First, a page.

Free Copy of My Book, The 100 Building Blocks for Business Leadership

I’d like to offer you a free printed copy of my book “The 100 Building Blocks for Business Leadership.” No tricks and we’ll even cover the shipping.

Simply share where to send the book and you’ll receive it in 7-10 days.

Let’s Invest in Minnesota’s Future

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Minnesota’s low temperatures and high taxes don’t make our state the easiest place to do business. Yet, our world-class workforce has made Minnesota a hub for innovation and economic growth. While I think we can and should do more to address other barriers to growth (at least the tax climate), we should start by preserving our biggest advantage—the quality of our people—which is threatened by rhetoric and policies that discourage international students from attending our colleges and universities.

The fact is nearly 70% of Twin Cities college graduates stay in the metropolitan area after graduation. As our current population continues to age, Minnesota businesses need access to talented people from around the world to keep pace.

Unfortunately, instead of looking for ways to attract the world’s best and brightest, the president obsesses about building a wall along the U.S.-Mexico border to keep out immigrants. It’s not surprising that many top foreign-born students are choosing to skip the U.S. of their own accord—with negative consequences for our economy, particularly our engineering and technology sectors. I’m referring to international students at U.S. colleges and universities who used to come here in record numbers to study STEM subjects.

In 2018, the University of Minnesota-Twin Cities ranked 21st of all leading institutions in the country hosting international students, with 7,212 international students. That number has decreased to 5,500 international students today. This distressing higher education trend is happening nationwide.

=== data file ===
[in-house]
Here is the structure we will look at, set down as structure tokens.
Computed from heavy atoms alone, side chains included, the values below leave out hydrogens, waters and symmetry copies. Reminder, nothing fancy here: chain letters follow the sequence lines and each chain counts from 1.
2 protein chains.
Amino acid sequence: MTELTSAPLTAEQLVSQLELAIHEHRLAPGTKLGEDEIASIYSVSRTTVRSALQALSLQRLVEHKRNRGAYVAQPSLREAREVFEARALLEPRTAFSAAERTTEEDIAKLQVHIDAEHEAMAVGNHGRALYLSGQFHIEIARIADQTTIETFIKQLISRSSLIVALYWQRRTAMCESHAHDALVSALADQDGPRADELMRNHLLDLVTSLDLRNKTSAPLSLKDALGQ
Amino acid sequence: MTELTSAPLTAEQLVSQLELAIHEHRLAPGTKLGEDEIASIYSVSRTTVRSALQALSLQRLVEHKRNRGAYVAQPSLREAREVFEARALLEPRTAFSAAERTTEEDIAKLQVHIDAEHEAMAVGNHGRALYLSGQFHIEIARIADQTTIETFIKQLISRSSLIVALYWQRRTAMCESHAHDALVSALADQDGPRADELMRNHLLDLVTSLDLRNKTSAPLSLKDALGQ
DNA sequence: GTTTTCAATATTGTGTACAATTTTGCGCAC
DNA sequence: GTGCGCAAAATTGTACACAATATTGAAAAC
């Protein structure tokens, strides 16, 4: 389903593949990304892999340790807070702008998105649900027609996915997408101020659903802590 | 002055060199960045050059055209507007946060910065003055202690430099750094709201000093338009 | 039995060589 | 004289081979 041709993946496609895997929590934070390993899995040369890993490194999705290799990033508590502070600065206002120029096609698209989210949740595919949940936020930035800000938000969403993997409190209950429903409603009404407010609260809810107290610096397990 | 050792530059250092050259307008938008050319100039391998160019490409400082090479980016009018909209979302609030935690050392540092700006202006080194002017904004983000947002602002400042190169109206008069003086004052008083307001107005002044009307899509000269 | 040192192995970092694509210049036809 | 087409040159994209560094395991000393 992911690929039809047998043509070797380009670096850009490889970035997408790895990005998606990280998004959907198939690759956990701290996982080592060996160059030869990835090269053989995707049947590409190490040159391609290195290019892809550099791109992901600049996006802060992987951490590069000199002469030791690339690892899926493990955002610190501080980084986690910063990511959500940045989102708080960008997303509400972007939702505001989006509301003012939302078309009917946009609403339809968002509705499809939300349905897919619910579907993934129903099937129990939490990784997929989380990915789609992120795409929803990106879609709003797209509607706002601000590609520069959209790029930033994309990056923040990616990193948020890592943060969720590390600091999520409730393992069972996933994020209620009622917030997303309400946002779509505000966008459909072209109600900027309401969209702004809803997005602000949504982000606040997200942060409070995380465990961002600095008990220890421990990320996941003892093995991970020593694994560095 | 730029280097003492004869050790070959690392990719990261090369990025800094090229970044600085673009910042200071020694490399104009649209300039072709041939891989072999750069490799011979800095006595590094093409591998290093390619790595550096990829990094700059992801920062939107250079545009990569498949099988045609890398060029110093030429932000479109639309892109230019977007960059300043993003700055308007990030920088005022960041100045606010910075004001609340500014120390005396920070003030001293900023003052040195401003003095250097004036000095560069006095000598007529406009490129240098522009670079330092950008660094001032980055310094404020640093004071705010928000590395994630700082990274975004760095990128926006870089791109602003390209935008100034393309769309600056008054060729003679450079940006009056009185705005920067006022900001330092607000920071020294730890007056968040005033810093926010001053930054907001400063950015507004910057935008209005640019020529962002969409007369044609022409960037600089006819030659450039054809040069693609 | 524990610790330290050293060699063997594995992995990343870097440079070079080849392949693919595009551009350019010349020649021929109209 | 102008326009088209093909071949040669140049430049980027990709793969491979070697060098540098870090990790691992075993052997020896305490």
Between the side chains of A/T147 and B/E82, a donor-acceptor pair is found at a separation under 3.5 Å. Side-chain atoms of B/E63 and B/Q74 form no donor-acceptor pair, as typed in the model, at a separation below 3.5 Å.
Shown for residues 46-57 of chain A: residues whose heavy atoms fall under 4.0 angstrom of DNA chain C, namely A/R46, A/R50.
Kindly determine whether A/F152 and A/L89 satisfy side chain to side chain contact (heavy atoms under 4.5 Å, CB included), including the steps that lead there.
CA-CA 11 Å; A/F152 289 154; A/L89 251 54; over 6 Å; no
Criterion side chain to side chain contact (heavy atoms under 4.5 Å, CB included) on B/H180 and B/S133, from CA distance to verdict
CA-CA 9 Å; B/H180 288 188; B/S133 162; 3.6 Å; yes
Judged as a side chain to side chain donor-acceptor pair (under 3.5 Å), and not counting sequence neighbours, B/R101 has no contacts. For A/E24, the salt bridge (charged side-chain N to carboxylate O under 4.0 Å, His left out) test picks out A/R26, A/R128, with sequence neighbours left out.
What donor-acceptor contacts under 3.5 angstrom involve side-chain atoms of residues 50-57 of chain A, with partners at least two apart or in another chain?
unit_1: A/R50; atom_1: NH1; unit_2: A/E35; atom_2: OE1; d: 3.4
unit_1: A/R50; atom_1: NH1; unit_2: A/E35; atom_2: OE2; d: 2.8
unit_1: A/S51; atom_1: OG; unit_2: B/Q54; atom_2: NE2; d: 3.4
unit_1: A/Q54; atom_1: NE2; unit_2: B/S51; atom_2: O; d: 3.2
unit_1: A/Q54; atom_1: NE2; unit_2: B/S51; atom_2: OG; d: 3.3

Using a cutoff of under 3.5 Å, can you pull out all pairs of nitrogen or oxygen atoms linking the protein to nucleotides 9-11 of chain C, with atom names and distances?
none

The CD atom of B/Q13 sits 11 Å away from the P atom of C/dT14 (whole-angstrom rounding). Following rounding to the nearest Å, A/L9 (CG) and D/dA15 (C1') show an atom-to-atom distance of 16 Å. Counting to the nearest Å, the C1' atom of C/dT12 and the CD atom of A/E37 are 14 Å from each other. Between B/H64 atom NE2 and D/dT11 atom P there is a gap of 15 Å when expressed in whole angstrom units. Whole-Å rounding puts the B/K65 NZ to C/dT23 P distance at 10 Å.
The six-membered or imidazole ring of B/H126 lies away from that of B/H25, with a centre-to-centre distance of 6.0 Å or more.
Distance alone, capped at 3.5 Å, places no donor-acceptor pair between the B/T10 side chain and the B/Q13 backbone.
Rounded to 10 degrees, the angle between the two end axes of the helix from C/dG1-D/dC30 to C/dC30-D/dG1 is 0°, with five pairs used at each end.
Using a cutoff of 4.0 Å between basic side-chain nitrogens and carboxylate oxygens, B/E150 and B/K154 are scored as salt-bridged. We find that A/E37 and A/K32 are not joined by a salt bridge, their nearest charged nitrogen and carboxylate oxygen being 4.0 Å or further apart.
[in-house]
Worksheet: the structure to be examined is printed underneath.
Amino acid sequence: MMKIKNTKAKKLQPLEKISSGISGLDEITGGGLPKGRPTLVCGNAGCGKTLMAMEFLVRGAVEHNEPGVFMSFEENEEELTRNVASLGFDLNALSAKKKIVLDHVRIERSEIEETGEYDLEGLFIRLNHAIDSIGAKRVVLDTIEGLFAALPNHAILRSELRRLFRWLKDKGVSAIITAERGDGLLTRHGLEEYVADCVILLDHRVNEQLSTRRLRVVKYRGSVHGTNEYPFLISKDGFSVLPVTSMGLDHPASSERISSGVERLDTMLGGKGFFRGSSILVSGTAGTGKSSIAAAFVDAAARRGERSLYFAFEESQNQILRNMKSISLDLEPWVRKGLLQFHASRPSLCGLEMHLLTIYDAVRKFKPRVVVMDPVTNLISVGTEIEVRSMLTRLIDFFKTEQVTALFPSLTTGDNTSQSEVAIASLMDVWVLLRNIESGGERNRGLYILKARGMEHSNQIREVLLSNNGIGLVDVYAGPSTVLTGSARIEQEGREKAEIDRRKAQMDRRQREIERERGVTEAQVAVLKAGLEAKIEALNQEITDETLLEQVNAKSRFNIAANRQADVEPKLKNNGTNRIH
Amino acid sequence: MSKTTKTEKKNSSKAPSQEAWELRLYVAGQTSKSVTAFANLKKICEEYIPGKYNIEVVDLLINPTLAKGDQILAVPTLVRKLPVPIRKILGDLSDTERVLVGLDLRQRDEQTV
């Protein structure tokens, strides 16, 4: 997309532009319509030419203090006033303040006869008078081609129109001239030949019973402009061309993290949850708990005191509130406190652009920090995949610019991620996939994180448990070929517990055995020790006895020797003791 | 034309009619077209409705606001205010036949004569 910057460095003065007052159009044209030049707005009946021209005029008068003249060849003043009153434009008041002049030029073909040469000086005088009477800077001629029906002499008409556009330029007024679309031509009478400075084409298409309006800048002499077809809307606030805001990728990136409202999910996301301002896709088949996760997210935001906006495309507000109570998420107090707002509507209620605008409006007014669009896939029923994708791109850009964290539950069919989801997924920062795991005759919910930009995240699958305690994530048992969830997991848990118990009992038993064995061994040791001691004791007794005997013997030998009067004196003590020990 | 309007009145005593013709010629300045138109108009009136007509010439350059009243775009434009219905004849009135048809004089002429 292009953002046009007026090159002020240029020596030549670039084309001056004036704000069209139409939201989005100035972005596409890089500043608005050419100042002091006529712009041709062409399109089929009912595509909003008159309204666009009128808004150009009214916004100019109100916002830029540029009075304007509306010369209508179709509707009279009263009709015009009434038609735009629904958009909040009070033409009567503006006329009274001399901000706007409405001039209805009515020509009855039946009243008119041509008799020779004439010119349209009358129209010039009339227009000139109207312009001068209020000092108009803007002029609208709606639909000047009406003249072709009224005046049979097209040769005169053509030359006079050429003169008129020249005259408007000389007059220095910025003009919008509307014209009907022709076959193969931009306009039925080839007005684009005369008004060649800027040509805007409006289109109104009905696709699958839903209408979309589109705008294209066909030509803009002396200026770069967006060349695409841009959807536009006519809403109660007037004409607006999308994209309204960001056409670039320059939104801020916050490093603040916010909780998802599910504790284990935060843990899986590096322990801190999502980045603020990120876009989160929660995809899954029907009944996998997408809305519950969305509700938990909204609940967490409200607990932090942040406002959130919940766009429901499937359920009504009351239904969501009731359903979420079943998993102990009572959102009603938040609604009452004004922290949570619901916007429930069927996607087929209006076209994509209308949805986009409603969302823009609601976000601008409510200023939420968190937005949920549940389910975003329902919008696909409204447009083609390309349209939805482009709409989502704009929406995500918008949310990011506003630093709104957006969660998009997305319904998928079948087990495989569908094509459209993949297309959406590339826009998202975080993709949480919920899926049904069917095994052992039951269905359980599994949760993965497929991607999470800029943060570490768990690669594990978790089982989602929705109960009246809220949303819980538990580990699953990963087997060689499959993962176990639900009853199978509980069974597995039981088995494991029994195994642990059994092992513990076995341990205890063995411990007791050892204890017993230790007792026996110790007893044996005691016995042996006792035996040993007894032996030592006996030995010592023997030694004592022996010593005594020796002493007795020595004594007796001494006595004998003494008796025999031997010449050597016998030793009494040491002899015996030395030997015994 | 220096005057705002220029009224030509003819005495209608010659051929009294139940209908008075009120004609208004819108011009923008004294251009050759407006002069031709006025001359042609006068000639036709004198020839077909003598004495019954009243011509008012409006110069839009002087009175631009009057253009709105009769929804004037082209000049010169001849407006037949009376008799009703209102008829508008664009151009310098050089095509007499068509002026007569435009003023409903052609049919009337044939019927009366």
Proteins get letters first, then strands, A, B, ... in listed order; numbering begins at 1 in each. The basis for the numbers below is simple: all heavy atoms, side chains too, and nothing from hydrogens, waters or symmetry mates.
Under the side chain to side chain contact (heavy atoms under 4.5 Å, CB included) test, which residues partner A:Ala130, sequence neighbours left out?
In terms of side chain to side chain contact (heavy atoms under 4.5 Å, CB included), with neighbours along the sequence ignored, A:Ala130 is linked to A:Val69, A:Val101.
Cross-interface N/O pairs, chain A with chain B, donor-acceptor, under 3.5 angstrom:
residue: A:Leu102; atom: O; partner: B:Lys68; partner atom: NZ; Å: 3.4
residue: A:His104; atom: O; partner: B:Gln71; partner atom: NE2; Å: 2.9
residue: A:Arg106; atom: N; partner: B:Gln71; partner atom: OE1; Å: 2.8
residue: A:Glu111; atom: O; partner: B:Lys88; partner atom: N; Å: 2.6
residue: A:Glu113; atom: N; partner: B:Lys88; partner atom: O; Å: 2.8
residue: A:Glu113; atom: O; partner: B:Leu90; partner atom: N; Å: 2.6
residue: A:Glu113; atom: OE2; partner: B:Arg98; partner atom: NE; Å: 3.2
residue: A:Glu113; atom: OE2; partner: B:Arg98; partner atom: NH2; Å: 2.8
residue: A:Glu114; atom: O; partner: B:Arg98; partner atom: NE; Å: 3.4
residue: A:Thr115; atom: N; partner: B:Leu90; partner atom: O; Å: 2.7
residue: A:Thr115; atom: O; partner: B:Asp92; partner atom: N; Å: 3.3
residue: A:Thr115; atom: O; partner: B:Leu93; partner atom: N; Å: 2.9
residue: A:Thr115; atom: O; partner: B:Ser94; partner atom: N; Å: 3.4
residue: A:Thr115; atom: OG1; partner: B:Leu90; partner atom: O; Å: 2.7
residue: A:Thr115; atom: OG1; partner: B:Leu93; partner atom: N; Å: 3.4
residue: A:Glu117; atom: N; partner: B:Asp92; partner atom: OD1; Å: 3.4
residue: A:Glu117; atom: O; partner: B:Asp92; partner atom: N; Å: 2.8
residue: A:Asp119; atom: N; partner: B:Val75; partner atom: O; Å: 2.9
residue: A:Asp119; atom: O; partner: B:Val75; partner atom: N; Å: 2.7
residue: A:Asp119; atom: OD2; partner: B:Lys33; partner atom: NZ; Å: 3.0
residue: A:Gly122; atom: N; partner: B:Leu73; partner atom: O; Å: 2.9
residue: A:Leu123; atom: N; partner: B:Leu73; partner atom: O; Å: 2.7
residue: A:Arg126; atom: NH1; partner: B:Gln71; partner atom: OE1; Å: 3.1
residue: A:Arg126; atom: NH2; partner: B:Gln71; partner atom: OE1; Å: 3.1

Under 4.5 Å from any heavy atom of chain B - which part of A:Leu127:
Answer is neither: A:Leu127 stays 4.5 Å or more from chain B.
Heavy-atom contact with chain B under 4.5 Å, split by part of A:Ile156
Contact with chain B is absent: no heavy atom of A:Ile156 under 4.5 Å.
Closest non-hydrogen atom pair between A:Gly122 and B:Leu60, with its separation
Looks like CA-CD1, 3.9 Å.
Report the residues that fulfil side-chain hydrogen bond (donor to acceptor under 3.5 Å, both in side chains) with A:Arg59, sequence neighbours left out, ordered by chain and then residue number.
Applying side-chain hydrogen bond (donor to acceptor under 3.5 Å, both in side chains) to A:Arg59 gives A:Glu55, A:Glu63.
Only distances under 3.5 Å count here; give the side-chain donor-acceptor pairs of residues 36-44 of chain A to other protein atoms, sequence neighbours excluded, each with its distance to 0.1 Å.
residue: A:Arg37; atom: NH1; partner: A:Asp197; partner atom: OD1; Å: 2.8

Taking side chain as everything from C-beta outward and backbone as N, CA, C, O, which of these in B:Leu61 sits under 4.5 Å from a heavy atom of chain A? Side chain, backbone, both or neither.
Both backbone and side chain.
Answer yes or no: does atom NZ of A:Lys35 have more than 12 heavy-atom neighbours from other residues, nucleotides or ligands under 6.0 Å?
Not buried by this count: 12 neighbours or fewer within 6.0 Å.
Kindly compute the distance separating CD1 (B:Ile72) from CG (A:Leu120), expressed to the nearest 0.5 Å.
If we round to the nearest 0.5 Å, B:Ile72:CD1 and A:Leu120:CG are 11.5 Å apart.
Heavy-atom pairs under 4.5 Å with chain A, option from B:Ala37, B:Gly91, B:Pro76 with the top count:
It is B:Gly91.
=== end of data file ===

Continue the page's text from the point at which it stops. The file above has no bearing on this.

Why are the world’s brightest students skipping the U.S.?

“Many schools attributed the trend to problems with student visa delays and denials, as well as the U.S. social and political climate and student decisions to enroll outside the United States,” reported the Washington Post (11/13/18). With some education leaders noting, “Trump’s advocacy of immigration restrictions, travel bans and a U.S.-Mexico border wall is not helping the nation compete for academic talent in the global market.”
As foreign-born students say “no thanks” to what they perceive as a hostile United States, many are saying “yes” to higher education institutions in Canada and Australia. Their gain is our loss.

These are deeply disturbing trends to owners of IT consulting firms like me. We compete on a global basis and losing access to some of the world’s most talented science and technology students and professionals is a major blow.

And you should be worried too. Not only do these foreign-born students help grow the U.S. IT industry—IT workers represent about 2.9 percent of the U.S. workforce says the U.S. Census Bureau—but when they stay and start new businesses they create good jobs for people born in the U.S.

There’s another worrisome side effect of this growing trend: the loss of millions of dollars in tuition payments at American colleges and universities, including our own U of M. Since foreign-born students pay higher rates than U.S. students, their tuition dollars are vital to keeping costs lower for students here. If current trends continue, the next state budget might need to include funding support for struggling state colleges and universities.